By Amjad Parvez
Arts, Culture & Books : Jan 7, 2020
* In this backdrop, novelist and essayist Amrita Pritam also in the midst of communal rioting in August 1947, evoked the spirit of poet Waris Shah, the renowned Punjabi wordsmith
Late statesman and army officer Khizar Hyat Tiwana who headed the unionist government at the time of creation of Pakistan and opted to live in the West thereafter, passed away with his vision of Punjabi-speaking people “transcending limitations of the geographical map”, the Punjabi identity that came to be known as Punjabiat.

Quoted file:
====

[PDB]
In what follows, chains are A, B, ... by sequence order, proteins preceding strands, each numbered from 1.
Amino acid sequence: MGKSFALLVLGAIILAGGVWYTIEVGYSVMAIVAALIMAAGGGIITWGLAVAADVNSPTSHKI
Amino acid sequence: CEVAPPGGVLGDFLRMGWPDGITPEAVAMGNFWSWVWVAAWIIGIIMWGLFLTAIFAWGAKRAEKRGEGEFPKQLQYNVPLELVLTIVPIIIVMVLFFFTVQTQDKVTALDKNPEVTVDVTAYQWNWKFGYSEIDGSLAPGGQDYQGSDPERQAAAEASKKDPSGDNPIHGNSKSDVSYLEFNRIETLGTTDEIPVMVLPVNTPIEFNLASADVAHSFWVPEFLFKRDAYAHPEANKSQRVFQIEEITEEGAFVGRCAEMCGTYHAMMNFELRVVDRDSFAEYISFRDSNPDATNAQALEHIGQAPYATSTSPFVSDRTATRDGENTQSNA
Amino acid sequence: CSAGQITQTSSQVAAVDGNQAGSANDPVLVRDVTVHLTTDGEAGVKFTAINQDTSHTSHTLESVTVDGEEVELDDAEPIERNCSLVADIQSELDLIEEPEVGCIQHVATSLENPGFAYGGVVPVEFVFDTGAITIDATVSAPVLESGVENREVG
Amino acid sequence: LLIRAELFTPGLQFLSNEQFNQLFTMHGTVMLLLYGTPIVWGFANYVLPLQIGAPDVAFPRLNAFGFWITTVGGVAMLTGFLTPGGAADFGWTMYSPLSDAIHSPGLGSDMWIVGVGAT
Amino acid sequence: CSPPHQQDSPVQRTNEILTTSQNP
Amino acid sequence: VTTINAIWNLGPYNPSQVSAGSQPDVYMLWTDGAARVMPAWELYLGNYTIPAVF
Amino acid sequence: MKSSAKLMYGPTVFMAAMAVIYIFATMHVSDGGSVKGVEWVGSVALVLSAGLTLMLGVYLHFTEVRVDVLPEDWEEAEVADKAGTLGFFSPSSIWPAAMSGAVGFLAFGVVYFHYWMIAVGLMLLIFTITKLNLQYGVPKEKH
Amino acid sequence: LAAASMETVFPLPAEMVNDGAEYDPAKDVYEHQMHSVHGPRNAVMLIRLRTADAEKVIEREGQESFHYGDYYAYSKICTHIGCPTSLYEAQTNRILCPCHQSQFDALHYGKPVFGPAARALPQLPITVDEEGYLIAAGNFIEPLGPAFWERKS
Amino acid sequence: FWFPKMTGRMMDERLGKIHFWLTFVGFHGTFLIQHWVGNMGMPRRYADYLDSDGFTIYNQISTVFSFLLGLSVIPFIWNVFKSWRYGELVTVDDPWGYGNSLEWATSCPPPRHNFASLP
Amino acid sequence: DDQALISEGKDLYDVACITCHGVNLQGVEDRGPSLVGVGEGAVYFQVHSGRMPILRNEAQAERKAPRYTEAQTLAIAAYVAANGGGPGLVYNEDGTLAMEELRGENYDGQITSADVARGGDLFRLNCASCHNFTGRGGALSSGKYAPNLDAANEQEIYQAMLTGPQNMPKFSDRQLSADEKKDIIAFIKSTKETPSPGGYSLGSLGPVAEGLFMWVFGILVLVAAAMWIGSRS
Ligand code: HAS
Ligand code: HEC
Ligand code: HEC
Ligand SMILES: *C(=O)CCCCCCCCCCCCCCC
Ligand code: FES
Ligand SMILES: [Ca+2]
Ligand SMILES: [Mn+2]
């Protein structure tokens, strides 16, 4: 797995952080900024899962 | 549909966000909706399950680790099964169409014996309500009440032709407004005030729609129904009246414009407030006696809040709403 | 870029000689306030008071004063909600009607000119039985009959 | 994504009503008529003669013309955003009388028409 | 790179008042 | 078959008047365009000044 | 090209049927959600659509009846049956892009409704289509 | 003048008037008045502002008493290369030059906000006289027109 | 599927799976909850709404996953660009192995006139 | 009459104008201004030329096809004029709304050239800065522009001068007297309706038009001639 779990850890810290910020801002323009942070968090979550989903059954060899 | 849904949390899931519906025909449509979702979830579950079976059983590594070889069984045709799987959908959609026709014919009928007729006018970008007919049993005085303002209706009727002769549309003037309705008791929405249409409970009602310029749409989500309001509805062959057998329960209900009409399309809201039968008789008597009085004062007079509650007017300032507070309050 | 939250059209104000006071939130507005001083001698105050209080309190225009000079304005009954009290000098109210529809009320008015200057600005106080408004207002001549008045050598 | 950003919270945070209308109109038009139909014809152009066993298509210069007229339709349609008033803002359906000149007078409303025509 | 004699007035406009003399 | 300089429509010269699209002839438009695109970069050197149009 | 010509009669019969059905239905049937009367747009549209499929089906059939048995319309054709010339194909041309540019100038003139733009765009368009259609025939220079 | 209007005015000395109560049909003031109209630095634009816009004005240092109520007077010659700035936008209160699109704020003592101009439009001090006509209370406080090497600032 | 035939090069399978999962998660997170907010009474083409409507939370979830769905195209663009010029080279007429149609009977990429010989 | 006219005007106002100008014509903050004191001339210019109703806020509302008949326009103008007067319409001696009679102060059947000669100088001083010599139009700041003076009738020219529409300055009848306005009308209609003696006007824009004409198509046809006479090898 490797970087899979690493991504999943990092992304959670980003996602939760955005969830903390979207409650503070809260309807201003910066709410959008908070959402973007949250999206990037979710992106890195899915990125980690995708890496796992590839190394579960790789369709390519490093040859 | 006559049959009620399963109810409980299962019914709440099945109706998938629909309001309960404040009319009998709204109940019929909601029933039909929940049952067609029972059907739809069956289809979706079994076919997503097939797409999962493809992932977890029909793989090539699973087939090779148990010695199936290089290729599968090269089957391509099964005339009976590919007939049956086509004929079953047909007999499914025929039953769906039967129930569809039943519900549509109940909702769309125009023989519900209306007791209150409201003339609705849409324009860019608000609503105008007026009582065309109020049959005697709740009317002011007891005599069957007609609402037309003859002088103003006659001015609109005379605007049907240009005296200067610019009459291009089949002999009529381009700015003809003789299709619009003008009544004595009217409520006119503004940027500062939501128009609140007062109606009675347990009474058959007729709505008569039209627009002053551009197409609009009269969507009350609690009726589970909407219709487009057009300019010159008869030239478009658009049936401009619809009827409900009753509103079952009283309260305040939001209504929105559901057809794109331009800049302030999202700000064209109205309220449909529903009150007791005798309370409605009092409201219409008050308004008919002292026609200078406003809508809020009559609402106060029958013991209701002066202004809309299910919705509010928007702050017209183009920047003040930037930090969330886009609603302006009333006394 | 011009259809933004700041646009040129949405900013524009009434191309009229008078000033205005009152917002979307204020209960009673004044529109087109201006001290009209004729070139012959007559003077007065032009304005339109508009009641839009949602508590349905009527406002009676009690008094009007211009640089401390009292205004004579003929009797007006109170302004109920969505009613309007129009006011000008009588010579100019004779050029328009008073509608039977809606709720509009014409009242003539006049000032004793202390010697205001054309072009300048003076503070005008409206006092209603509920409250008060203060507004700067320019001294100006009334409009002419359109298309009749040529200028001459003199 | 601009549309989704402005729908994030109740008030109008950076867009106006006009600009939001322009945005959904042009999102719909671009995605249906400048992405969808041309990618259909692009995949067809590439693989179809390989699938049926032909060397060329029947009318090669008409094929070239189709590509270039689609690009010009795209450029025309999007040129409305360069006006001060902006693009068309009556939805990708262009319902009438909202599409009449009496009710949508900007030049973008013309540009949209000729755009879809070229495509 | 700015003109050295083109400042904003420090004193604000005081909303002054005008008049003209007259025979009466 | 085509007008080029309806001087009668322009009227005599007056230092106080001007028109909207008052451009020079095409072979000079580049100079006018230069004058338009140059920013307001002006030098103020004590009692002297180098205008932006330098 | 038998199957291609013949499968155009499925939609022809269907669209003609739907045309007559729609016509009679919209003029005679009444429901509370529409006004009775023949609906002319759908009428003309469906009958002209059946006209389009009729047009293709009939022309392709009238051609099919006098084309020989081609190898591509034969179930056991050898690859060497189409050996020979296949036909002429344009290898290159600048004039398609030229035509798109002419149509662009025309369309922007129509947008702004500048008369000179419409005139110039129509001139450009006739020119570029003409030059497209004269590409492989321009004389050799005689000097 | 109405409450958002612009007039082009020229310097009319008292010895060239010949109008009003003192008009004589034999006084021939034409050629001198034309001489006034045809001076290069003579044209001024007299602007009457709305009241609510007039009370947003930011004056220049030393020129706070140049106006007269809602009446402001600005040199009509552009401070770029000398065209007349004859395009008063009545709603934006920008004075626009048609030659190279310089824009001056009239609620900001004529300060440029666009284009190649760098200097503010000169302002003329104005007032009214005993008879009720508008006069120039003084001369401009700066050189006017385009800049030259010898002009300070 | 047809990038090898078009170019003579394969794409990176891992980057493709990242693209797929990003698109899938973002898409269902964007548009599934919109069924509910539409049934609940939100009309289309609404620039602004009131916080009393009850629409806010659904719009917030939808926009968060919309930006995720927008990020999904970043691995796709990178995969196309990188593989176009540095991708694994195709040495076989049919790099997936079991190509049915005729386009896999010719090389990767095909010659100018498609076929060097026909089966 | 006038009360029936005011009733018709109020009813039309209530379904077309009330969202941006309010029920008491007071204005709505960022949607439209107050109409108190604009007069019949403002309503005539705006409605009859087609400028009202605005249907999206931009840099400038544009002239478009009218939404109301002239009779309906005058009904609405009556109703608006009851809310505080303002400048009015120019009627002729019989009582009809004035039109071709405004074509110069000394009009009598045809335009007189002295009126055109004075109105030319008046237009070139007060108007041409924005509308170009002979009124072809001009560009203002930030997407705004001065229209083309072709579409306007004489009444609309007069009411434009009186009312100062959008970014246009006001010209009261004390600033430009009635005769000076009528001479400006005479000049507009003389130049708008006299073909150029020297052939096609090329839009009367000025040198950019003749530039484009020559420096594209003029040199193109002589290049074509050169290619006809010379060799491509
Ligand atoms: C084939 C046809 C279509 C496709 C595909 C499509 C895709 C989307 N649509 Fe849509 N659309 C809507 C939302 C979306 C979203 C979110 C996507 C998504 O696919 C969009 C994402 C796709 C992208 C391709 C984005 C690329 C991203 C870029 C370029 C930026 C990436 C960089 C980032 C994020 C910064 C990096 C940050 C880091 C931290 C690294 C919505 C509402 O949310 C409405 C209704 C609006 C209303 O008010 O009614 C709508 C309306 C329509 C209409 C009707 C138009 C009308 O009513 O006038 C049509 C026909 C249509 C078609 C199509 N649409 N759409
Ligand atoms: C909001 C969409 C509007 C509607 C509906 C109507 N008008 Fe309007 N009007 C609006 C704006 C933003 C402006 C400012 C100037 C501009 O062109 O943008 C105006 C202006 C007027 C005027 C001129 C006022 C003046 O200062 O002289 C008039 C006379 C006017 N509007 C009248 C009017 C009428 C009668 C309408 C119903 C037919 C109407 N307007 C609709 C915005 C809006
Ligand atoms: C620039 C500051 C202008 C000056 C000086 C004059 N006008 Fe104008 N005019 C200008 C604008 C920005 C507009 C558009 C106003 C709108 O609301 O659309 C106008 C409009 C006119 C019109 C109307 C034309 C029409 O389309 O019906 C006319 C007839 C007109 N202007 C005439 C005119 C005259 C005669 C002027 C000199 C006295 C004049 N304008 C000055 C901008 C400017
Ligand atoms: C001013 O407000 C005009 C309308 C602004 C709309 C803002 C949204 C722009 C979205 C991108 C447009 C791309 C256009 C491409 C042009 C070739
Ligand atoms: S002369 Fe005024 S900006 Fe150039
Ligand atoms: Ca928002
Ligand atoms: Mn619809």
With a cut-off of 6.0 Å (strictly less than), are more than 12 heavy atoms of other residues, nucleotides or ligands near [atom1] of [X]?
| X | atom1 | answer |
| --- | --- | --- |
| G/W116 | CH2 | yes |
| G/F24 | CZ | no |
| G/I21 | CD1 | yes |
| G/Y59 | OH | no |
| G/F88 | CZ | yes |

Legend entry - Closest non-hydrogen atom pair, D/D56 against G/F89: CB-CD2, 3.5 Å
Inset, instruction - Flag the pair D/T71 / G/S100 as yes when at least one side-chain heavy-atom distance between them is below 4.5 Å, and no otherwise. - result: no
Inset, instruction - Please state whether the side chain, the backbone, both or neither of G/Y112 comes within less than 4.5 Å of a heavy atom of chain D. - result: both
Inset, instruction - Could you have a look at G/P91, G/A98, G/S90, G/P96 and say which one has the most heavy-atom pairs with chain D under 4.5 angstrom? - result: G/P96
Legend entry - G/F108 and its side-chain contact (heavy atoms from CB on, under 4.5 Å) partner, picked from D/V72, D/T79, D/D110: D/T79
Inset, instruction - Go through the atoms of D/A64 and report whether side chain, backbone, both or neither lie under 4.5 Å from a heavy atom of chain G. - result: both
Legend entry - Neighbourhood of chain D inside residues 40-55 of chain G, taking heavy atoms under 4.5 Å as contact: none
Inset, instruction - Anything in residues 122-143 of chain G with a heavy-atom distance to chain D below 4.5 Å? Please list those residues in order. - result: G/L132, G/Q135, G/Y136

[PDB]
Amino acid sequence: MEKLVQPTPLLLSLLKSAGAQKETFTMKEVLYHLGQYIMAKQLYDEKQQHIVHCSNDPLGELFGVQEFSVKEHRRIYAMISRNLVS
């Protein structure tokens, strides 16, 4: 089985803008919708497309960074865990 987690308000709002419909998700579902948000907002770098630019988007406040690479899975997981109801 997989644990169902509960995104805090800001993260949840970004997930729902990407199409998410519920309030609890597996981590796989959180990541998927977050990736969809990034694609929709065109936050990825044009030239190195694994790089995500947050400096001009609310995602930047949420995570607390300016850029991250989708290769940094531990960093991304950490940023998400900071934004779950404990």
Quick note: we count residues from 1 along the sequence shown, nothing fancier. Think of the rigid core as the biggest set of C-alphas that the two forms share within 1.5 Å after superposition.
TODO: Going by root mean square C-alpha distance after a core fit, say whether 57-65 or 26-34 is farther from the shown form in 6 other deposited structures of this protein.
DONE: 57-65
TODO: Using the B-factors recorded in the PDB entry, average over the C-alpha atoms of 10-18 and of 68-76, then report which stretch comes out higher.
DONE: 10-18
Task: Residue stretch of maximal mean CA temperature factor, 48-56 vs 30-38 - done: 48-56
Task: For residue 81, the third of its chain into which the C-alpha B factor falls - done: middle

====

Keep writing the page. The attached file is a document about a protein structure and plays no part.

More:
Amrita Preetum was a believer of this ideology. The ideology of Punjabiat continues to be reflected in Punjabi writing both in the West and East Punjab. In Punjab the protests in favour of demand of making Punjabi a compulsory subject till primary level is the least of the demands. Amrita believed that one language, two scripts, multiple religions and divided land was a dilemma faced by Punjabis after the partition of India. West Punjabis were the foremost losers of the script divide as almost all the Punjabi writers who migrated to East Punjab were well-versed in both scripts, Gurmukhi and Shahmukhi as Urdu and Farsi were compulsory subjects at primary level in public schools of the pre-partitioned Punjab. On the other hand majority of the Pakistani Punjabi writers could only read and write in Shahmukhi. When Nehru made Hindi script of Urdu language in India whereas Arabic script was retained for Urdu in Pakistan, great damage was done not only to communication among Indians and Pakistanis but also the sharing of literature got blocked from reaching masses on both sides of the borders. With the opening of Kartarpur border for Sikh Pilgrims by the present Pakistani government, one can hope that literati from both sides shall meet and pass on literature to each other and make arrangements for Indian side of Punjab’s writers literature translated in Shahmukhi.